Echoes From Dust
by L. S. Popovich
In the Cauterhaugh, lifeforms and even the landscape are composed of synthesized metals, and beasts called cynths ravage the dwindling human settlements. Riku is a Mag, an inorganic human born in this harsh and unforgiving land.
Riku has grown up hearing stories about Mitchlum, a metropolis of habitable trees and the bastion of the Priesthood, which channels divine powers in defense against the encroaching cynths. Riku is chosen to undergo the sacred trials, assume a priest’s mantle and protect her homeland. Everyone has high expectations for her, but her destiny is hers to decide.
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Chapter 16: Desolation
Every time Izzie visited the Fjord, her resentment bubbled to the surface. The Council’s disregard for the villages scattered throughout the Cauterhaugh was criminal, she felt. The dejans were content to let unprepared priests deal with the increasing threats that poured out of the wilderness.
There must be an answer to the problem. More than her anger, she felt frustration, that she and her god were powerless. No matter how many grotto-le she defeated, there would still be an endless number waiting in the wings. The solution didn’t lie in training more priests. And she could be in only one place at a time. The migrant peoples crawled across the barren world, but their endless search for security was as fruitless as the windblown tinselweed’s. What would happen if she did step aside to sit in on Council meetings? Would the Cauterhaugh’s population peter out? These questions plagued her.
A vehicle would’ve made the terrain more navigable, but Izzie preferred her beast-form for longer distances. If the Council found out she transformed to fly from place to place, they’d have a meltdown, she figured. The idea of never returning to her normal shape was tempting. When the brilliant power of her god took over, she gave up her body willingly. But her duties to the Council always dragged her back to reality.
After a while, she crested a hill and spotted a loose collection of ruined buildings.
Izzie greeted an old woman as cheerfully as she could. It was hard to maintain her composure in the face of what she saw.
A tray of incense drew a jagged trail of smoke through the air. The woman swayed in front of a polished obsidian idol.
“This is not a proper shrine,” Izzie said, staring at the crude black statue.
“It is from a shrine in a cave, in a place called Kazan, where the stones release dark vapor. A priest retrieved this idol after his town was destroyed. In that place now, fires erupt from the ground. The priest entrusted us with his god’s image before he died.”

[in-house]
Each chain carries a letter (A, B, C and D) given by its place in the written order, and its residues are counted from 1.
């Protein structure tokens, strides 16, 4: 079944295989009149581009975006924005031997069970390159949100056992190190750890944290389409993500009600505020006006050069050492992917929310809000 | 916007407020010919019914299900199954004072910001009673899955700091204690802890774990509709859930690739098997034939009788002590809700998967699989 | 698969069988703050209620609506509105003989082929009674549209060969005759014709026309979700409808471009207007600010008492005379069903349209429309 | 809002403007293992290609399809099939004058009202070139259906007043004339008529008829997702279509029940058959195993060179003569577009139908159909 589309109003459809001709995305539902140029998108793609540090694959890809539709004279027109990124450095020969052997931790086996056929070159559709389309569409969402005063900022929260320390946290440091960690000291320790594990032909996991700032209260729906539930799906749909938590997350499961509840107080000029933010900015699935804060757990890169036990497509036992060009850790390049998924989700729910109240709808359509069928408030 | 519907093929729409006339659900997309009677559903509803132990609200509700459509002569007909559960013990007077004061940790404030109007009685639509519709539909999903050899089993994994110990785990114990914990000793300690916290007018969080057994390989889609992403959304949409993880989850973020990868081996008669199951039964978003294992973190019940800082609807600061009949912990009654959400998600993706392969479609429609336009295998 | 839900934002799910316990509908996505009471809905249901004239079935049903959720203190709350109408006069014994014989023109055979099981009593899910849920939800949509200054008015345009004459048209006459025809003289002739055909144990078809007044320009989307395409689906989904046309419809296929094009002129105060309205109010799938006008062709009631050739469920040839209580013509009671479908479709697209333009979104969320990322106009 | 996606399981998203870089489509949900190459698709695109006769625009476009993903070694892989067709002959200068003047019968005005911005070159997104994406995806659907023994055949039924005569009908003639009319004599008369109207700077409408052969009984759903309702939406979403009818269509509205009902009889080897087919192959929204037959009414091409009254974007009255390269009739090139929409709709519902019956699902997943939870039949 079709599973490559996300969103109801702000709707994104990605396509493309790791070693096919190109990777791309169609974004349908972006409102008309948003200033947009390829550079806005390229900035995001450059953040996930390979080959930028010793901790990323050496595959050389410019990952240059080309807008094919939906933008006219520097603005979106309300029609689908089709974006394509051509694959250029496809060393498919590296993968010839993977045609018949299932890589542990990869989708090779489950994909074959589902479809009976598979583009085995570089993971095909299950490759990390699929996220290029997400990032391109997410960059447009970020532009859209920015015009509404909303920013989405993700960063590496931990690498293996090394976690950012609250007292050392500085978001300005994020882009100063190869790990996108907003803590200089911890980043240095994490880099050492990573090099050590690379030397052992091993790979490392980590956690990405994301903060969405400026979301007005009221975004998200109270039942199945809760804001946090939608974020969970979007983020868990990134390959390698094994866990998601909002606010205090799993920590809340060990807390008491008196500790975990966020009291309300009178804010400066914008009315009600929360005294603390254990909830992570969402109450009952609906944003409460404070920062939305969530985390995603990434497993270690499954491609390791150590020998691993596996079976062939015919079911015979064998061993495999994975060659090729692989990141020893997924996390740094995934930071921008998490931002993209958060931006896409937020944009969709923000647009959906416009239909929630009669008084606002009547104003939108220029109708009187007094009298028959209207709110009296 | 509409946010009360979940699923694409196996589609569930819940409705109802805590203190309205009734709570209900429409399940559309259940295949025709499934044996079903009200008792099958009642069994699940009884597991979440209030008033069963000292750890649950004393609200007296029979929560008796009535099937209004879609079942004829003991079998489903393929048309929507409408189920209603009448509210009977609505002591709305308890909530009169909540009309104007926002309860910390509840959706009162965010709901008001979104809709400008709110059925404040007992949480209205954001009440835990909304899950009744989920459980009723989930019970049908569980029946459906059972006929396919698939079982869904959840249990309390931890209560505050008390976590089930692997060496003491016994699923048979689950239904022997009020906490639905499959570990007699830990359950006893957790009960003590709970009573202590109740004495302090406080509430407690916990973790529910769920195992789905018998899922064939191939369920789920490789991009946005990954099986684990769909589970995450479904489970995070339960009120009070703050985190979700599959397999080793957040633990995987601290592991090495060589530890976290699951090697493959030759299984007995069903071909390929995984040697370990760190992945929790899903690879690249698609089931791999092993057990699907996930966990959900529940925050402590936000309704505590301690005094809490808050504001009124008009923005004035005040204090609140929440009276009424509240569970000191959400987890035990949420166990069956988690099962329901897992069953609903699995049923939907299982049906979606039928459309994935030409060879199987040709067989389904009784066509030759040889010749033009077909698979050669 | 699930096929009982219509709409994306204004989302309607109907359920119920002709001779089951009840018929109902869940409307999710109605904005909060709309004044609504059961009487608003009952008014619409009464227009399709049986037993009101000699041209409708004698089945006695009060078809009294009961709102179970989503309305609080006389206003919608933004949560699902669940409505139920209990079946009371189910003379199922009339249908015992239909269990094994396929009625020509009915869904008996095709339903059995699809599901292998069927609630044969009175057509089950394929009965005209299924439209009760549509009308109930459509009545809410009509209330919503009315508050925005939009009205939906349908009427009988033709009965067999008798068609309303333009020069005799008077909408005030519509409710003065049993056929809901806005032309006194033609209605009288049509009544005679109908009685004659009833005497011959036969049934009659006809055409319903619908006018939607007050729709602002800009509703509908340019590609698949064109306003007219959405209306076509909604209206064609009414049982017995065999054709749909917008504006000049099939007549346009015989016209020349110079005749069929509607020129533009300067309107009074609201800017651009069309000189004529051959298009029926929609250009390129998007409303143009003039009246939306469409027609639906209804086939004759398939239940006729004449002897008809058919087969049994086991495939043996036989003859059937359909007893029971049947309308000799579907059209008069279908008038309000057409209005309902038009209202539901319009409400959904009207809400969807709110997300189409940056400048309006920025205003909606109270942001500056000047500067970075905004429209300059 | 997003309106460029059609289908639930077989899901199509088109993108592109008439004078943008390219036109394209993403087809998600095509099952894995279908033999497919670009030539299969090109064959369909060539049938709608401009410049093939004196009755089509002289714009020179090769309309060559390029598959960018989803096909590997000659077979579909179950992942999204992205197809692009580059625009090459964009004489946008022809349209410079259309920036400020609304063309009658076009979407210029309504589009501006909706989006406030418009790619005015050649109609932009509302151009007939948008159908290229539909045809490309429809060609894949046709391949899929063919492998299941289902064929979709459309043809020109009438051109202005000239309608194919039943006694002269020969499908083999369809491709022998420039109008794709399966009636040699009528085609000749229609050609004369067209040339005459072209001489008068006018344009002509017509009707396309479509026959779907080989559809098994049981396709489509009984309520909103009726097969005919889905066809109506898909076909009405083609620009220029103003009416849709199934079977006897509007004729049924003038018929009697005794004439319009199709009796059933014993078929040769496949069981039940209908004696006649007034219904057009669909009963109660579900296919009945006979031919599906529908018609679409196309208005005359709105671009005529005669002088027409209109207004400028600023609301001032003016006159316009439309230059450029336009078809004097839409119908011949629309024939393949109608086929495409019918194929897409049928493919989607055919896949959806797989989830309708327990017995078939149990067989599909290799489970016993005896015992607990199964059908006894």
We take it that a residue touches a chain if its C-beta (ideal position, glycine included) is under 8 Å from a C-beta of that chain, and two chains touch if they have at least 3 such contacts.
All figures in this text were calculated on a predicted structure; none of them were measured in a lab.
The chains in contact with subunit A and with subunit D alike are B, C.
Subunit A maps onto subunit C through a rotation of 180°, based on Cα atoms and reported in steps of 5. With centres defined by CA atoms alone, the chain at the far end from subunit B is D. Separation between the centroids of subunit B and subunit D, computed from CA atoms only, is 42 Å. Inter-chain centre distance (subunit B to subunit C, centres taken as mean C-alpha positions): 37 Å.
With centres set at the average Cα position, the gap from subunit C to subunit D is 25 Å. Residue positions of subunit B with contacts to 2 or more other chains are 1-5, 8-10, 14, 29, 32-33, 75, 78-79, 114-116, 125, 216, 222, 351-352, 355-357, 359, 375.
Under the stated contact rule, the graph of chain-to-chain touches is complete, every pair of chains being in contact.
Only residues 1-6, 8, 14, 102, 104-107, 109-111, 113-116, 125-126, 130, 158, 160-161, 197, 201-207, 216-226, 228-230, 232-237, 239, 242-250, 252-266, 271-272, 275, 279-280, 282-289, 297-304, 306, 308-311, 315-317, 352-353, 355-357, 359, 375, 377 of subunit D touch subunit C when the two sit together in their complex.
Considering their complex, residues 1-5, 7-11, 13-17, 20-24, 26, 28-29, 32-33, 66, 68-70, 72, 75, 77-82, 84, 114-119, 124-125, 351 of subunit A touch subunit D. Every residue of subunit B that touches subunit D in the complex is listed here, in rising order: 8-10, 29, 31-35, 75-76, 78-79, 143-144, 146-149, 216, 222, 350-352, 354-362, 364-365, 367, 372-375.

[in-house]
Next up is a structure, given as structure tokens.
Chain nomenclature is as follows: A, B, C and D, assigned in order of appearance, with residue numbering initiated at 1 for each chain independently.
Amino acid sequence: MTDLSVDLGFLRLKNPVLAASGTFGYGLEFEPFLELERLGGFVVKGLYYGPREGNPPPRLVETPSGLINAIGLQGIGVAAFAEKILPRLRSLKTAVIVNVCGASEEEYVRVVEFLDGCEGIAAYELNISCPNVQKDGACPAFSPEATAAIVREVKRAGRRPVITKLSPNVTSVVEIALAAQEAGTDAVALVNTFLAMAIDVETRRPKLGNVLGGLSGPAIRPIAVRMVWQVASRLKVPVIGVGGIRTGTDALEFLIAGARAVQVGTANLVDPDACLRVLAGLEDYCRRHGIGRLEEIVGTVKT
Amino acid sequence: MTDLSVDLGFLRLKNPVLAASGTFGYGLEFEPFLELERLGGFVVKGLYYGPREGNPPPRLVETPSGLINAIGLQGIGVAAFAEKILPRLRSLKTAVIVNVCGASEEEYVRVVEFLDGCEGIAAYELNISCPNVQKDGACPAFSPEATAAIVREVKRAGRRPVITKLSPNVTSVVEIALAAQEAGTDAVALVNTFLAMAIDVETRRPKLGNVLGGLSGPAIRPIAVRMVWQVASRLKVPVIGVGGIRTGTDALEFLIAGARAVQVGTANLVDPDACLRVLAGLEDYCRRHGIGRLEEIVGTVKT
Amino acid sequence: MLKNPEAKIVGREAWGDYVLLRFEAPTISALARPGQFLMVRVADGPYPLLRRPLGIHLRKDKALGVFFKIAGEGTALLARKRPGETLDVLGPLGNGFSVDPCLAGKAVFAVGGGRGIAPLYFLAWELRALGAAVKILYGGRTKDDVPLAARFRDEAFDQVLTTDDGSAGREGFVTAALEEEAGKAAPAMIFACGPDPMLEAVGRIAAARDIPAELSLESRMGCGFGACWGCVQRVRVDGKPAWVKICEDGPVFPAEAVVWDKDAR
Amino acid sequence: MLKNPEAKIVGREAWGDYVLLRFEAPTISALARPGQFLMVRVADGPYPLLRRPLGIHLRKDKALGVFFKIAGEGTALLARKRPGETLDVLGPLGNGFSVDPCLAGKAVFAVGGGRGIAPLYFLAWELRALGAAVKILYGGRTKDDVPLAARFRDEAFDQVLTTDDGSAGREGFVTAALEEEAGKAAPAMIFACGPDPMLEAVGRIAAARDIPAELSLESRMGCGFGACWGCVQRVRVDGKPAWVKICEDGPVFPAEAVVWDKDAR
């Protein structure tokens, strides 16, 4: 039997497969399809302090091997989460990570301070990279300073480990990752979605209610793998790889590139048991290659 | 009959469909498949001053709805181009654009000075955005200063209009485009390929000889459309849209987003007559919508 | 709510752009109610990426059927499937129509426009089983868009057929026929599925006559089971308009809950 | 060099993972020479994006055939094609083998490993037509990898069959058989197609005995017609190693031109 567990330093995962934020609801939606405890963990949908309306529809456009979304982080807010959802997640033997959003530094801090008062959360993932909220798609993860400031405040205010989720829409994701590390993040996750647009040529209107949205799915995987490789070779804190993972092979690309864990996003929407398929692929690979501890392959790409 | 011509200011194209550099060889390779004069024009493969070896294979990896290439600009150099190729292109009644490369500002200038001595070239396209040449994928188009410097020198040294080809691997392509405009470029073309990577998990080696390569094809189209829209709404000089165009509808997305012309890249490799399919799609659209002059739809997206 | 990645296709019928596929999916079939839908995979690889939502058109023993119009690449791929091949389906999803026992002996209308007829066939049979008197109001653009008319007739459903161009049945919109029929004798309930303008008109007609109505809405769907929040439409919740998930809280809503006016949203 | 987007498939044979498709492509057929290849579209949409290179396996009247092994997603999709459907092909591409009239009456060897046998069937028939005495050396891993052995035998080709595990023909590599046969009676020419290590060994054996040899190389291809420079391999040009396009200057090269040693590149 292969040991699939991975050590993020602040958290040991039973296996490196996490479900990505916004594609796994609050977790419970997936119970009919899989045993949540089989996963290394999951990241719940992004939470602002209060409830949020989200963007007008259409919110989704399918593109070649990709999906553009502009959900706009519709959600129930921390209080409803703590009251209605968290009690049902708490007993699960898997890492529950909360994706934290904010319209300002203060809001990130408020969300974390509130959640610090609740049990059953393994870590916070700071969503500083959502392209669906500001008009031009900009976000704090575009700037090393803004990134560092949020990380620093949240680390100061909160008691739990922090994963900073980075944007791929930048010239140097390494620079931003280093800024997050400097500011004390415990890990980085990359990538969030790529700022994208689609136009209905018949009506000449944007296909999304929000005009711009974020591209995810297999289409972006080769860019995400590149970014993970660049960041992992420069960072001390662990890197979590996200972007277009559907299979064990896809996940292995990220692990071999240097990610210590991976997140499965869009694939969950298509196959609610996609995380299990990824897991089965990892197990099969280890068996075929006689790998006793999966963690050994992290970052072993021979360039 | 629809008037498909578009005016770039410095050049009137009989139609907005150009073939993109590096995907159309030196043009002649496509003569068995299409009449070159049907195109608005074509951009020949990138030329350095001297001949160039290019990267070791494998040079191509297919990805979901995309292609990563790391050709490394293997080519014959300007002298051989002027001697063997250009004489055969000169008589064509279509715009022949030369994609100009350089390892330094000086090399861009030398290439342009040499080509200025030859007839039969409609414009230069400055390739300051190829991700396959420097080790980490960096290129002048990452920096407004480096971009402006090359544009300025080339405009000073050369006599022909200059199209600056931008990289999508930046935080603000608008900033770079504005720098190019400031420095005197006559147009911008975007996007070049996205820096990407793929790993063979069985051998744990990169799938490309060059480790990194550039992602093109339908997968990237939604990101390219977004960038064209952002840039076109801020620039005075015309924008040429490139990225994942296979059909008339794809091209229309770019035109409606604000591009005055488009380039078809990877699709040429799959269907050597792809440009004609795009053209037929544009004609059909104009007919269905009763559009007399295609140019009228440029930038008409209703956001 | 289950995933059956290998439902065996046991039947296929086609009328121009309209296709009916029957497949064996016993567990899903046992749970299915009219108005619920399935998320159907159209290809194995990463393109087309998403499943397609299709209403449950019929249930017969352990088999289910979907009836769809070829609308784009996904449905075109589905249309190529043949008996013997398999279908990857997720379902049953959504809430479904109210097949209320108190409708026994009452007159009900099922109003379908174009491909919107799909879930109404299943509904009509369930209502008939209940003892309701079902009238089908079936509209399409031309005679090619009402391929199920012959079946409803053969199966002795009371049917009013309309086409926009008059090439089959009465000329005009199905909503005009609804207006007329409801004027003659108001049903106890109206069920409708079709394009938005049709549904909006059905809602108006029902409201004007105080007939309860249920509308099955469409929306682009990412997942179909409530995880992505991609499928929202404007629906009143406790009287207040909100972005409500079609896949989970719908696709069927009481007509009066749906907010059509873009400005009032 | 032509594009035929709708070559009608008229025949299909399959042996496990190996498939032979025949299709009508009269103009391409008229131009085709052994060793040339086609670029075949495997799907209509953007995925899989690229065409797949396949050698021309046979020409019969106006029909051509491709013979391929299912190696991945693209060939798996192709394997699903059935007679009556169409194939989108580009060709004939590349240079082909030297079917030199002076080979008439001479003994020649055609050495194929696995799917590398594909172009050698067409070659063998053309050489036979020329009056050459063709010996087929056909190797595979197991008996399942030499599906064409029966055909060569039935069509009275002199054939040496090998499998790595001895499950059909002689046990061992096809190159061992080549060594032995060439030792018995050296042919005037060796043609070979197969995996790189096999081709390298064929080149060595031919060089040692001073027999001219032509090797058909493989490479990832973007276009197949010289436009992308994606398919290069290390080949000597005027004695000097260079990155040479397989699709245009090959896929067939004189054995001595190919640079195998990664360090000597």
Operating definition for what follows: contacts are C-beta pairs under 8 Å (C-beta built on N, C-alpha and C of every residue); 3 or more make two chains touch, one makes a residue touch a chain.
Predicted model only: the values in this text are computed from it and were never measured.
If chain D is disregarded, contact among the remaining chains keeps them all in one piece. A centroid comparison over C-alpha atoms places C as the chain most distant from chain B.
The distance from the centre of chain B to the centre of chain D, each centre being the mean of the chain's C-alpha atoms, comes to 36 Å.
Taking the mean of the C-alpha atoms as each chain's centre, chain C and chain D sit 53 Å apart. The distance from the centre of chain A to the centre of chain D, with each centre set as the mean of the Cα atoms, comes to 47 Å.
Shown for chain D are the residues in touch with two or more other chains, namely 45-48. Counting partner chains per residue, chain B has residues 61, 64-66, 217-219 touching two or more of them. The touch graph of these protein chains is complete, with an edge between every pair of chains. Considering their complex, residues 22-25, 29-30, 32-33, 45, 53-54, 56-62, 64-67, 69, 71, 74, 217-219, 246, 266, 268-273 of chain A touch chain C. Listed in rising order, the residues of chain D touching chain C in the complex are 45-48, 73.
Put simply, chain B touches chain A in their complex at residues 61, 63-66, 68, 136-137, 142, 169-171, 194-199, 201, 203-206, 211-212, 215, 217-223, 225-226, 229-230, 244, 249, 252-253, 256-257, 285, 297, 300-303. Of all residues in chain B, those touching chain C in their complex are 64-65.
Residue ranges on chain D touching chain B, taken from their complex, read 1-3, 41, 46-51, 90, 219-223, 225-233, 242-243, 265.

“It has been displaced,” Izzie said. “It can only invoke the god’s wrath.” She leaned toward the statue, which glowed in the light of the candles.
Not much was left of the village, and an unbreathable haze lingered in the air. The earth had been rent with deep, smoldering gouges. It was sickening to imagine how powerful the grotto-le had been.
“What happened here?” Izzie asked.
The old woman began to weep. “It’s too late...” she stumbled out of the marble pagoda and crossed the rubble strewn road.
Izzie stepped out and surveyed the slate-colored sky. Her sharp eyes saw the thin wisps of a huge grotto-le, flapping its wings in the upper atmosphere. It was headed elsewhere, and there was little chance she’d be able to catch up with it. There was no sign of a resident priest, and ominous smoke rose from cracks in the ground. The homes were toppling over minute by minute, and a trembling fear consumed the straggling townsfolk. A few mags huddled next to an open trench, from which sparks rose.
“This town doesn’t have long. I’ll send a priest to escort you to a safer area. He’ll take you into those jasper hills to the east.” She pointed. “Three days’ walk along the base of the amethyst mountains, you’ll find a large settlement.”
“Won’t you take us there now?” the old woman pleaded.
“Other colonies require my attention.”
“This is the fourth town I have lost.”
Izzie regarded her with annoyance, and followed to the edge of a ravine, glittering with rivulets of magma. “That’s where most of the folks in the village now lie.” The old woman pointed a crooked finger into the gaping crevice.
Izzie stared down in horror. A hundred bodies were heaped on the bottom, some of them melted into misshapen phalanxes. A pool of black oil burned furiously beneath it.
She thought frantically: This can’t go on...
Copyright © 2019 by L. S. Popovich